Aloha is a super fun, flowy trail with bridges and features that I found very rideable (and I’m a total chicken on wooden features). There’s also a Tiki Bar which is a must stop for photos.

Mountain Biking Powell River // tahoefabulous.com

Aloha and Blackwater cross each other a few times on the descent, and I think we rode a little on both, and you’ll finish out the ride on Blackwater. Despite its black diamond rating, I found it pretty rideable and comparable to Aloha on difficulty. We did find a downed tree, and Greyson was very excited to break out his Silky saw for some freelance trail maintenance.


Aloha was my favorite trail that I rode on the Sunshine Coast, and I’d highly recommend it. I’d actually recommend riding up Aloha and back down, though or find a different route that doesn’t require the ride up Death Rattle.

West Sechelt
West Sechelt was not a very successful day for us. Greyson got in a couple of bad, scary crashes and we ended up walking huge swaths of trail. We stopped by a couple of bike shops to ask about trail recommendations, but getting suggestions was like pulling teeth and we didn’t feel like we ever got a solid lead. A friendly local at the trail head did give us a bunch of suggestions, but his ideas were for a much longer ride than we were interested in that day. We started at the Gowland/Reeves Road parking area and headed up the access road. Next we climbed up Duracell, a rideable trail that gains about 350 feet in a mile before hopping on Shakecutters. Shakecutters dumped us out on an access road which we rode to Beaver Pond. After about ~0.7 miles on Beaver Pond, we turned right onto Baby Beaver.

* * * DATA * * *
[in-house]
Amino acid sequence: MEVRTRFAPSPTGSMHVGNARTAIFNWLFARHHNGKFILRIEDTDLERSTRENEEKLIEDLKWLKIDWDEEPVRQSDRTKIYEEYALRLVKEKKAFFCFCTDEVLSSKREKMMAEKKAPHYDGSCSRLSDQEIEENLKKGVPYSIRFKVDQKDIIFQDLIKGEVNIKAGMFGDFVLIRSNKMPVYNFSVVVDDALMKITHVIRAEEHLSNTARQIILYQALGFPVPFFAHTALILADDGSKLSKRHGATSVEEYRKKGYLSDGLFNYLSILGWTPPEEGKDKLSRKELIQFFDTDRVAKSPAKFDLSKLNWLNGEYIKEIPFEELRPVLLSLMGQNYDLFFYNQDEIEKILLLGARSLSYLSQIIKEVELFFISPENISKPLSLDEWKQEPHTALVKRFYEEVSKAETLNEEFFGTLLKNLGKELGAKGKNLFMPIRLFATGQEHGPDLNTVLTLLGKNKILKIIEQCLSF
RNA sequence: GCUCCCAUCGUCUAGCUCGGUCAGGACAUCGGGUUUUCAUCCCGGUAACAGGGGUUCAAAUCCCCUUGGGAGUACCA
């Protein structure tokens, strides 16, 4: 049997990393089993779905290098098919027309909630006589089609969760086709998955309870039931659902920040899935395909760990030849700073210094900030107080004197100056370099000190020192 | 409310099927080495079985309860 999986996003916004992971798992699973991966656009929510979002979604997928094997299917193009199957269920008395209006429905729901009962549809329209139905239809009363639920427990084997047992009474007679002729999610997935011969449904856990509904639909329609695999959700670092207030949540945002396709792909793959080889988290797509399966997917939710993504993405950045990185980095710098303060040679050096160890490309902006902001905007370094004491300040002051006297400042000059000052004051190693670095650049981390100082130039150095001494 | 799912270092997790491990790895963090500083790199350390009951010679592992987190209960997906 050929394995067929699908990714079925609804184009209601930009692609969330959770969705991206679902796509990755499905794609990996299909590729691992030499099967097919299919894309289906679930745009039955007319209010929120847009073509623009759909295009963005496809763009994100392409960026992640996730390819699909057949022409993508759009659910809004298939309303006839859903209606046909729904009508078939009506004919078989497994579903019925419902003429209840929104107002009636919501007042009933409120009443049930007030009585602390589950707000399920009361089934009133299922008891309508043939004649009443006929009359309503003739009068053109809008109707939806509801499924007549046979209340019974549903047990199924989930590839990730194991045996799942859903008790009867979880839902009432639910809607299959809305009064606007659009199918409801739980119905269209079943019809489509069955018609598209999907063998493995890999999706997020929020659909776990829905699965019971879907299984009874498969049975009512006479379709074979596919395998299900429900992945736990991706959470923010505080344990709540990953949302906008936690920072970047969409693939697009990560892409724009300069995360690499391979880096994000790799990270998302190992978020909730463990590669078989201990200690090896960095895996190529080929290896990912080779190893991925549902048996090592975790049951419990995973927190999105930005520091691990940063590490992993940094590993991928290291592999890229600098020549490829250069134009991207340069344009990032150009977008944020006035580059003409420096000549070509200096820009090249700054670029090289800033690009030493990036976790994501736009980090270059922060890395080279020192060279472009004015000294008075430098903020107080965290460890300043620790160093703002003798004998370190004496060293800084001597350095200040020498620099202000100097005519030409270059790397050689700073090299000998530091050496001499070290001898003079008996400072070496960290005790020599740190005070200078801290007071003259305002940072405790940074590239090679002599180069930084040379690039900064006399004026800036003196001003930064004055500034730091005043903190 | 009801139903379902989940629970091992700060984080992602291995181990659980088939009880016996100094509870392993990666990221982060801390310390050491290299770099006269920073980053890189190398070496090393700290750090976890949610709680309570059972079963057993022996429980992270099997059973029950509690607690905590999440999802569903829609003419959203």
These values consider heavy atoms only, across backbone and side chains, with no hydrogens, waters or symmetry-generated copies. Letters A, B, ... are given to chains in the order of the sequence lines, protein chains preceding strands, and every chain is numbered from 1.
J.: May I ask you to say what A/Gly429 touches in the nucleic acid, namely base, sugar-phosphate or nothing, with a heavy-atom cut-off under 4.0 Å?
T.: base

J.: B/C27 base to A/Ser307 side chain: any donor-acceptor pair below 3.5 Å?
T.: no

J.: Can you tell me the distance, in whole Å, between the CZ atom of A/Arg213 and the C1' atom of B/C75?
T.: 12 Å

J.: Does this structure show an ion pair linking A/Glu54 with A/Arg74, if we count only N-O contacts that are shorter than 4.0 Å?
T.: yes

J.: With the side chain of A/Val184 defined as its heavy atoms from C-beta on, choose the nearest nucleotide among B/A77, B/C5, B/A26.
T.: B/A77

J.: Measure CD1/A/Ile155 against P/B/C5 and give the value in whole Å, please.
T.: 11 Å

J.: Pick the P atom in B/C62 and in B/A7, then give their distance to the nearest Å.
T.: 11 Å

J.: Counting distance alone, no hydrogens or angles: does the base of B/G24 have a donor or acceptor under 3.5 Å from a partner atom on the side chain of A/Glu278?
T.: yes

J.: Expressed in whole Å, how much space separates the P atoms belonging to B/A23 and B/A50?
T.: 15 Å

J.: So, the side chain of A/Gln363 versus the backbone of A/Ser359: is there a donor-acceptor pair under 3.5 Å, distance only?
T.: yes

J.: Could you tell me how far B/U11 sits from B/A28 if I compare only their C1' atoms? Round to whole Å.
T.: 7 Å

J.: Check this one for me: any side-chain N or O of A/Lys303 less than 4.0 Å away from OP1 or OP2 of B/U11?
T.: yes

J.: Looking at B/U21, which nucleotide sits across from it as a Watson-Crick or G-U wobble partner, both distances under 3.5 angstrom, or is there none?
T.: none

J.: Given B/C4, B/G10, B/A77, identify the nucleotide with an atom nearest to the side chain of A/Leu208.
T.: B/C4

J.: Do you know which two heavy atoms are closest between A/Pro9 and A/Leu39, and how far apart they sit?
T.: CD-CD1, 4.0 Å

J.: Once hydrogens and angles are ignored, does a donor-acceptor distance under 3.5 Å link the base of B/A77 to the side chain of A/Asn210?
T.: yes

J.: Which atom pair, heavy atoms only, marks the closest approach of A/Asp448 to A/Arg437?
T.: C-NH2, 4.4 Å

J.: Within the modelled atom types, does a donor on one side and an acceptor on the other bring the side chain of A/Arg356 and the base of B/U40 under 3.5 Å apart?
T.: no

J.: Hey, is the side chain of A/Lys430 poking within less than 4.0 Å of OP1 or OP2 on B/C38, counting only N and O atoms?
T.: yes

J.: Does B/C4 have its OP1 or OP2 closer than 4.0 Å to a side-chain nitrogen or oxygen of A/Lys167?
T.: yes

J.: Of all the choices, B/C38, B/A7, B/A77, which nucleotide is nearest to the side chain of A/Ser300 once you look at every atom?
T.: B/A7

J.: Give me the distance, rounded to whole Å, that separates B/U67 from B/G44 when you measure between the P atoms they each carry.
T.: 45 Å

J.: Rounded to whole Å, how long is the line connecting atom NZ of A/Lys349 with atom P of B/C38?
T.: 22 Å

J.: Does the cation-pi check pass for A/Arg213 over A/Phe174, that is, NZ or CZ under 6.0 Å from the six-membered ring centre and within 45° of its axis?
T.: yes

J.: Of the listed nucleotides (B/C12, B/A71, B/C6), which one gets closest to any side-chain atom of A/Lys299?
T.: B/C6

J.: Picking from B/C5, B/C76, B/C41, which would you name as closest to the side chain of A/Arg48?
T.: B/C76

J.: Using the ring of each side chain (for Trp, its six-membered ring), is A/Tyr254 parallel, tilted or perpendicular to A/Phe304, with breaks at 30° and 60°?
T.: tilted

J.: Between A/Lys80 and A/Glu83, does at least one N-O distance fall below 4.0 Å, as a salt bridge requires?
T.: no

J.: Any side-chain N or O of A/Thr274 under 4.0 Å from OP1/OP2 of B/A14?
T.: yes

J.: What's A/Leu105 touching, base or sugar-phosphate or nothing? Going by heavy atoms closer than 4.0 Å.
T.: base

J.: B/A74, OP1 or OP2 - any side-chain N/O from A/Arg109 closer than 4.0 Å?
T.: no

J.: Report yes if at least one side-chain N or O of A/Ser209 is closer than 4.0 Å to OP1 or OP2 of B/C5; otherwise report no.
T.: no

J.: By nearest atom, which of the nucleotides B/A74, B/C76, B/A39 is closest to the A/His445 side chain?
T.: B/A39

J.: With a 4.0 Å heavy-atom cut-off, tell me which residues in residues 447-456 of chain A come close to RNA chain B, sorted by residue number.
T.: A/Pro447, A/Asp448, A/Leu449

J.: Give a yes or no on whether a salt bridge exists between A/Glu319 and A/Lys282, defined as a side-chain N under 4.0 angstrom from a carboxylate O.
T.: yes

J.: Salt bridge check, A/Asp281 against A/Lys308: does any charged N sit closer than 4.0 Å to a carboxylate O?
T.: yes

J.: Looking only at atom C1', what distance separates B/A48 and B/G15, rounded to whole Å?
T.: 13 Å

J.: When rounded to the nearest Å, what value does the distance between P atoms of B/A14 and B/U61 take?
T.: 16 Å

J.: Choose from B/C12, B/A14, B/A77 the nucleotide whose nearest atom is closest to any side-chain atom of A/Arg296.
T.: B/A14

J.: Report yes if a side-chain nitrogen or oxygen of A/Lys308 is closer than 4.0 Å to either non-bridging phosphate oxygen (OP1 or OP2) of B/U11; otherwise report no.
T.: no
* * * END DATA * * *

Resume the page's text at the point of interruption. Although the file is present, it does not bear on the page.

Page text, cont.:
Mountain Biking West Sechelt // tahoefabulous.com
Trail Map and Elevation via Strava

Baby Beaver dead ends at another access road, where we turned right and rode for less than 0.1 mile before hopping on Parbac. We rode Parbac for about 0.3 mi before turning left and getting on VFR, which we’d read good things about. This is where the climbing got impossible for me, and I pushed my bike up about 95% of the 286 foot climb. It was steep. Greyson and I also both got the heebie jeebies on this section of the trail for some unidentified reason. We finally reached the top and got ready to finally descend.

Despite VFR’s blue rating, I found myself walking long sections of the descent. VFR was one of the hardest trails I’ve ever ridden. The trail was narrow and steep, with sections of tight trees, loose rocks, and steep drop offs to the side. Sometimes all three at once. When we were there, the Sunshine Coast was towards the end of an usually long dry spell and the trails were pretty beat up, so I don’t know how much that contributed to the difficulty, but after Greyson’s crashes and my long stretches of walking, we decided to bail on to the access road as soon as we could. Luckily, we were able to easily navigate back to our car.

Sprockids Park/Gibsons
Greyson was still feeling pretty beat up from his crash, and we had to catch our ferry to Vancouver, but we decided to do a little bit of exploring at Sprockids Park. Despite its name, Sprockids is open to everyone. It’s a park made up of a bunch of short mountain bike trails, ranging from easy to advanced, and you can string them together for a longer ride, or just session small sections easily. There’s also a skills development area where you can practice riding wooden features, ramps, and small drops. We didn’t spend a lot of time here, but it was a fun stop, especially if you are newer to mountain biking or have kids along.

Next up, places to stay, things to do, and beers to drink on the Sunshine Coast!

BCXC in Campbell River